Skin Cycling Is Something Everyone Should Try
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Skin Cycling Is Something Everyone Should Try

Johan Brown

Likely, you've lately heard the term "skin cycling" if you frequent the skin-care section of social media. You might have seen your peers use the hashtag #skincycling in their tweets or heard professionals mention it as a part of their regular skin-care routines.

The hashtag skincycling has 122.3 million views on TikTok, while posts mentioning skin cycling have 3.5 billion views altogether. Skin cycling is a trend, but what exactly is it, and is it the step missing from your skincare regimen?

What Is Skin Cycling?

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Skin cycling is an idea that has been around for a while. According to Joshua Zeichner, MD, head of aesthetic and clinical research in dermatology at Mount Sinai Hospital in New York City, dermatologists have long advocated the intermittent or alternate use of active substances.

In her clinic, Dr. Wattenberg has also observed the same phenomenon: "We've been suggesting a delayed start to most of our topical skin treatments for years."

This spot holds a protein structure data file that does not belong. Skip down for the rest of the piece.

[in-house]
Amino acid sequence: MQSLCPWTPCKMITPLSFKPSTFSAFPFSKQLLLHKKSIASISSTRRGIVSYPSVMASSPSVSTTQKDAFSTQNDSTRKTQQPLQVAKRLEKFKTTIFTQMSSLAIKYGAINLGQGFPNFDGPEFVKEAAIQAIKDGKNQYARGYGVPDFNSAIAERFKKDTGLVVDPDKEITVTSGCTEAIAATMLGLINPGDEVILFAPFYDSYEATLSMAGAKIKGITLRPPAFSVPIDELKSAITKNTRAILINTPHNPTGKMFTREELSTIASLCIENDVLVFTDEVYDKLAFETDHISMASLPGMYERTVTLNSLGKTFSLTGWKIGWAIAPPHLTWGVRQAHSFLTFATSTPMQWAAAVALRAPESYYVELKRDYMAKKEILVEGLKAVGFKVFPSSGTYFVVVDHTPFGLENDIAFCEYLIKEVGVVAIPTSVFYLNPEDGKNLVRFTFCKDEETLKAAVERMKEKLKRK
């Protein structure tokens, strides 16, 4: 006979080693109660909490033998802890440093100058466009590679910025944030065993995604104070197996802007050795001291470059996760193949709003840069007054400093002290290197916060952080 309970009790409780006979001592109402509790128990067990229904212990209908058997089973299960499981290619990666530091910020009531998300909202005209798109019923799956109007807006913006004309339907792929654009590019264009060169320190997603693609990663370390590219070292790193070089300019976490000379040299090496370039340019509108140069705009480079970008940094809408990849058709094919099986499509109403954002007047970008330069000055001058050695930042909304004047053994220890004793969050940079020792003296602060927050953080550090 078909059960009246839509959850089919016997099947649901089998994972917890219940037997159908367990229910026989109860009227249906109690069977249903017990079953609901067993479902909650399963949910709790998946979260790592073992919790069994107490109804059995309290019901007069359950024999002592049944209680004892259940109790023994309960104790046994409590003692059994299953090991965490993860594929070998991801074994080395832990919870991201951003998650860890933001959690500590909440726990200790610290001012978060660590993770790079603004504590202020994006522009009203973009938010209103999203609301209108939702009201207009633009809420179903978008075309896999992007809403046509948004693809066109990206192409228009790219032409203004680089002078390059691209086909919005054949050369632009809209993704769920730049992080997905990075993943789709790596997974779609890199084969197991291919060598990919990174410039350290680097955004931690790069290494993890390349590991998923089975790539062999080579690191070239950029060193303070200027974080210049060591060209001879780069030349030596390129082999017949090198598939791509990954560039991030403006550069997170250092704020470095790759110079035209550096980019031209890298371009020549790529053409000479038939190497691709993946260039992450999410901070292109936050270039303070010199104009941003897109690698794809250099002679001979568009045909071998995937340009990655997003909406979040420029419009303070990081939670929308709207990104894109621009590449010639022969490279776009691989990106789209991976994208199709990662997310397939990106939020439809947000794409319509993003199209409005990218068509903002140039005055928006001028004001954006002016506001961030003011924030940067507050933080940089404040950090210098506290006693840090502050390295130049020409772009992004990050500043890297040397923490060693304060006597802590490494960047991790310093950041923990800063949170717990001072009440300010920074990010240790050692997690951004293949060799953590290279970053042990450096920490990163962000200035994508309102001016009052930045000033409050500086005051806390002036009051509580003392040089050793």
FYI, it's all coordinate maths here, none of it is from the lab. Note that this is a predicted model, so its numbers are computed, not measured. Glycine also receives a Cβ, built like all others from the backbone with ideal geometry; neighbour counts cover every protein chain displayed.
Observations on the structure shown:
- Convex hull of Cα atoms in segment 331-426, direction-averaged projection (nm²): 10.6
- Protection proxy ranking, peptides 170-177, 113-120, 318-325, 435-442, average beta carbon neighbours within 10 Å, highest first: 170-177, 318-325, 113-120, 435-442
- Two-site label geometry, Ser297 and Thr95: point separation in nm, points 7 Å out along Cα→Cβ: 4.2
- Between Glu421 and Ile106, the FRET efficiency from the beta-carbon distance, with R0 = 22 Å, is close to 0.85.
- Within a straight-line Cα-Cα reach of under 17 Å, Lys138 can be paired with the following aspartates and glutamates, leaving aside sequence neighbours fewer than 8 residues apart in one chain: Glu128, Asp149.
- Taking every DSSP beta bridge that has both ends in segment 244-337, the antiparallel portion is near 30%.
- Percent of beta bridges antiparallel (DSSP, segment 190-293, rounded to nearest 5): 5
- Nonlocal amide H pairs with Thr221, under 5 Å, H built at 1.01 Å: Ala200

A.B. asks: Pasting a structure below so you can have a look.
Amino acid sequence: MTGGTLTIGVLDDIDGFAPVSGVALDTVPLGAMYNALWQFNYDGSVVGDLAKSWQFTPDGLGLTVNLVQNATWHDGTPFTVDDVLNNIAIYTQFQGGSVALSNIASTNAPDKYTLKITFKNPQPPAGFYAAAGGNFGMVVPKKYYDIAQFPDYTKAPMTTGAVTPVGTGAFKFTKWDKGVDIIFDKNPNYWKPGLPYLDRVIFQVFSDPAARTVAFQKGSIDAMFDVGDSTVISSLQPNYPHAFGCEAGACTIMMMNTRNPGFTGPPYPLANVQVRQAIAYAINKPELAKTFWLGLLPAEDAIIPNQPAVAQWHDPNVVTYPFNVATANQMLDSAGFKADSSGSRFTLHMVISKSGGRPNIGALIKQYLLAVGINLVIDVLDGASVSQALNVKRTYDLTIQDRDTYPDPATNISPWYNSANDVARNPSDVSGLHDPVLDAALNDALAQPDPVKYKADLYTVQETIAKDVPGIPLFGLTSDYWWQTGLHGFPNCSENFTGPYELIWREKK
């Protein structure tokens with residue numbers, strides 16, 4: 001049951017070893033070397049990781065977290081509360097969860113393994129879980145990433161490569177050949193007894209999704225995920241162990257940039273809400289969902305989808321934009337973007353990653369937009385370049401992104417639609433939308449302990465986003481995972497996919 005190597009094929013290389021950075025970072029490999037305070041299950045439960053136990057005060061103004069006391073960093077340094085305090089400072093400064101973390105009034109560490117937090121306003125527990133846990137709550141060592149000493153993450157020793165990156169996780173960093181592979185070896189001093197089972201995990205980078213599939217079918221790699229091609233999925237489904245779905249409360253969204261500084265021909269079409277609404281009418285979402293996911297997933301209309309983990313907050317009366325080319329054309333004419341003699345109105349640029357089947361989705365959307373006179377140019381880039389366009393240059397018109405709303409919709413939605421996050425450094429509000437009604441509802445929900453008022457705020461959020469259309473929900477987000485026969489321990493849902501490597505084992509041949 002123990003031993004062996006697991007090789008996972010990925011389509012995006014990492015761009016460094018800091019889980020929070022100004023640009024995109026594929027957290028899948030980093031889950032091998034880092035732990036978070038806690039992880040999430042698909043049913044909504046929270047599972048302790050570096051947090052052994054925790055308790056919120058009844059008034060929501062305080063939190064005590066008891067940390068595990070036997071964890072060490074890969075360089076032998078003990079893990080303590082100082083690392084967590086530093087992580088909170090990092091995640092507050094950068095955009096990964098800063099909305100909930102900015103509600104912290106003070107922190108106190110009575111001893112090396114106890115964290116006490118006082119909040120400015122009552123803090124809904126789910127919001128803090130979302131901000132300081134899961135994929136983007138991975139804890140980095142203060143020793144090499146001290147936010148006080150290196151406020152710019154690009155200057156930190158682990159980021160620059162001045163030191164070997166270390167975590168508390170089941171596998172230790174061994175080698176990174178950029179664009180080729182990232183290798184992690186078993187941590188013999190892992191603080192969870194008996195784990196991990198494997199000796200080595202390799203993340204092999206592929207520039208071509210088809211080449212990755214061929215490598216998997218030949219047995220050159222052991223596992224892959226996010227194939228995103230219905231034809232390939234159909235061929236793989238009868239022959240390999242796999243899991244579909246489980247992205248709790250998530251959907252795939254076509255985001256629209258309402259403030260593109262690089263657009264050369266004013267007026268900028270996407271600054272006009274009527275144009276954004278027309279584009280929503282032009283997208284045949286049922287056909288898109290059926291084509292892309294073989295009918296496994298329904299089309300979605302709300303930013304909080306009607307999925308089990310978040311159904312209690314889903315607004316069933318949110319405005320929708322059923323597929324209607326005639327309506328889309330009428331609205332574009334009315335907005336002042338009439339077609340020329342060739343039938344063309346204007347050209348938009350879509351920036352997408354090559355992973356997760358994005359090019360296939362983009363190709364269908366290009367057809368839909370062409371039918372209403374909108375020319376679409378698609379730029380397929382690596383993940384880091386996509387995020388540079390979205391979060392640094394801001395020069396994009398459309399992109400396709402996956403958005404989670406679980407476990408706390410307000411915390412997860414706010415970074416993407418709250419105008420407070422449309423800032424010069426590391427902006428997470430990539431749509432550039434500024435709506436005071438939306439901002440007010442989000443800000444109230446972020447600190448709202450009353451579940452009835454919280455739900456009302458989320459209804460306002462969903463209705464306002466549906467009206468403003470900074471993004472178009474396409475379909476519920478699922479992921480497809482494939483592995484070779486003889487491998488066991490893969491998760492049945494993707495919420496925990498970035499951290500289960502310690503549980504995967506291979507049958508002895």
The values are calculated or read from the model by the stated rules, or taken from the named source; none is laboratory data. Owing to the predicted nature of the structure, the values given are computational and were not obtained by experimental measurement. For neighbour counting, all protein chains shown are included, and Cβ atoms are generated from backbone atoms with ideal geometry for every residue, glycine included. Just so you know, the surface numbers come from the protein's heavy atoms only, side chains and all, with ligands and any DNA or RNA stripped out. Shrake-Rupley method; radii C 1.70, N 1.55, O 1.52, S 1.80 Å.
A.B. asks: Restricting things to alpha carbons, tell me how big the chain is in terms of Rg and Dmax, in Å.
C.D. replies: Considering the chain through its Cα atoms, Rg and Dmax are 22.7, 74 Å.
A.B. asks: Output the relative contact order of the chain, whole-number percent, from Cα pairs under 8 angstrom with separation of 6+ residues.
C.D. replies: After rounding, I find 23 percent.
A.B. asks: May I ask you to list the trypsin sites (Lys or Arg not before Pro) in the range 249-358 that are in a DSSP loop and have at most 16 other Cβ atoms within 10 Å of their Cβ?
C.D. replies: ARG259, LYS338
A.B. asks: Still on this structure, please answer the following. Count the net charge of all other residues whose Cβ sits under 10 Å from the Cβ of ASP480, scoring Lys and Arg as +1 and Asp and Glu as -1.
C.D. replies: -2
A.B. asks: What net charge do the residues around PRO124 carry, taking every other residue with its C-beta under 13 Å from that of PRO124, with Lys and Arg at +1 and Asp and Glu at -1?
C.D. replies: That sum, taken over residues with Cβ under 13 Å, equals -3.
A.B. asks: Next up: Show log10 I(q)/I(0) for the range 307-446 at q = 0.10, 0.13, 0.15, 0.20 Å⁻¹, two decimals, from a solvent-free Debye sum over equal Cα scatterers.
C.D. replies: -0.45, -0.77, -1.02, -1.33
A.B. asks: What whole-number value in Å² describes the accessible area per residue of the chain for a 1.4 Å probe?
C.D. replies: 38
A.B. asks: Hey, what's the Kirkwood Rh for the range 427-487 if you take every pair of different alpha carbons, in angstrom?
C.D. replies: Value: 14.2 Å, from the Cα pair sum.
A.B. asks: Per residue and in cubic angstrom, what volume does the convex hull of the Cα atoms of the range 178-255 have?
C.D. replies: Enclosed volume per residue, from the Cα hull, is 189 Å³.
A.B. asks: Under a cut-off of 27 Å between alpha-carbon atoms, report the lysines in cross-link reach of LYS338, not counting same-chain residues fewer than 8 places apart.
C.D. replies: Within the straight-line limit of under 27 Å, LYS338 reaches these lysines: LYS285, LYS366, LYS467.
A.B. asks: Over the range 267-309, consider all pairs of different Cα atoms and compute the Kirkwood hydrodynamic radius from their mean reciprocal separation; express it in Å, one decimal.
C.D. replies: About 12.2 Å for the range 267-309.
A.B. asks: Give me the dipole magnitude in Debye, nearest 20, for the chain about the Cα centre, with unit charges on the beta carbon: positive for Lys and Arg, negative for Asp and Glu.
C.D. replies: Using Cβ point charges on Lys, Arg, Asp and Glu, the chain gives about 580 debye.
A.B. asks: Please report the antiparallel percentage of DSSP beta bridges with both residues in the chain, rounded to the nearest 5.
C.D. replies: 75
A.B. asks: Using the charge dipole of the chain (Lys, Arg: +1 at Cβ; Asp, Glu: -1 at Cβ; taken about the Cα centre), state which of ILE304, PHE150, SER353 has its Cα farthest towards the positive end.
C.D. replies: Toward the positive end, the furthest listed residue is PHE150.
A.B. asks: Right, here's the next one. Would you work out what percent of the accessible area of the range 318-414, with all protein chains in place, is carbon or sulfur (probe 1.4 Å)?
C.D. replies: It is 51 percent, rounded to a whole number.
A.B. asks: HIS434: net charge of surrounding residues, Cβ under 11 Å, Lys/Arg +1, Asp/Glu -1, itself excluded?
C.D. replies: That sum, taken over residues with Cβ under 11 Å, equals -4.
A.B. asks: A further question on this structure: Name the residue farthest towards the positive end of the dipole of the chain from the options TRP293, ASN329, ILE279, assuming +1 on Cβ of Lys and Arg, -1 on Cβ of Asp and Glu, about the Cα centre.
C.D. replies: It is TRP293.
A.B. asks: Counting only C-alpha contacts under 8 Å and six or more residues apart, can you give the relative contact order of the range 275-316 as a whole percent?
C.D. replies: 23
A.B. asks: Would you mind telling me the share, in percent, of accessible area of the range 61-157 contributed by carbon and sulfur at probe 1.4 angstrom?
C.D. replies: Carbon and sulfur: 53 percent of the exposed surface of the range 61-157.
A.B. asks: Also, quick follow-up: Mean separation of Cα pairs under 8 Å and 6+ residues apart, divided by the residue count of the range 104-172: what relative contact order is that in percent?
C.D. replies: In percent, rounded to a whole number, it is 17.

How It Works

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The AAD recommends cleansing, patting your skin dry, and then exfoliating to remove the dead cells from the top layer of your skin. This phase should come first for a good reason, according to Bowe.

"Your other products will function better because they can permeate more deeply into the skin in a regulated, predictable fashion." After that, you should moisturize.

How Often Should You Skin Cycle?

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In terms of how long you should keep doing it, Bowe says you may repeat and alter your skin-cycle routine over time.

"Depending on how your skin reacts to the "active" chemicals you are applying, it might be a reset, or it can be used continually," says Wattenberg.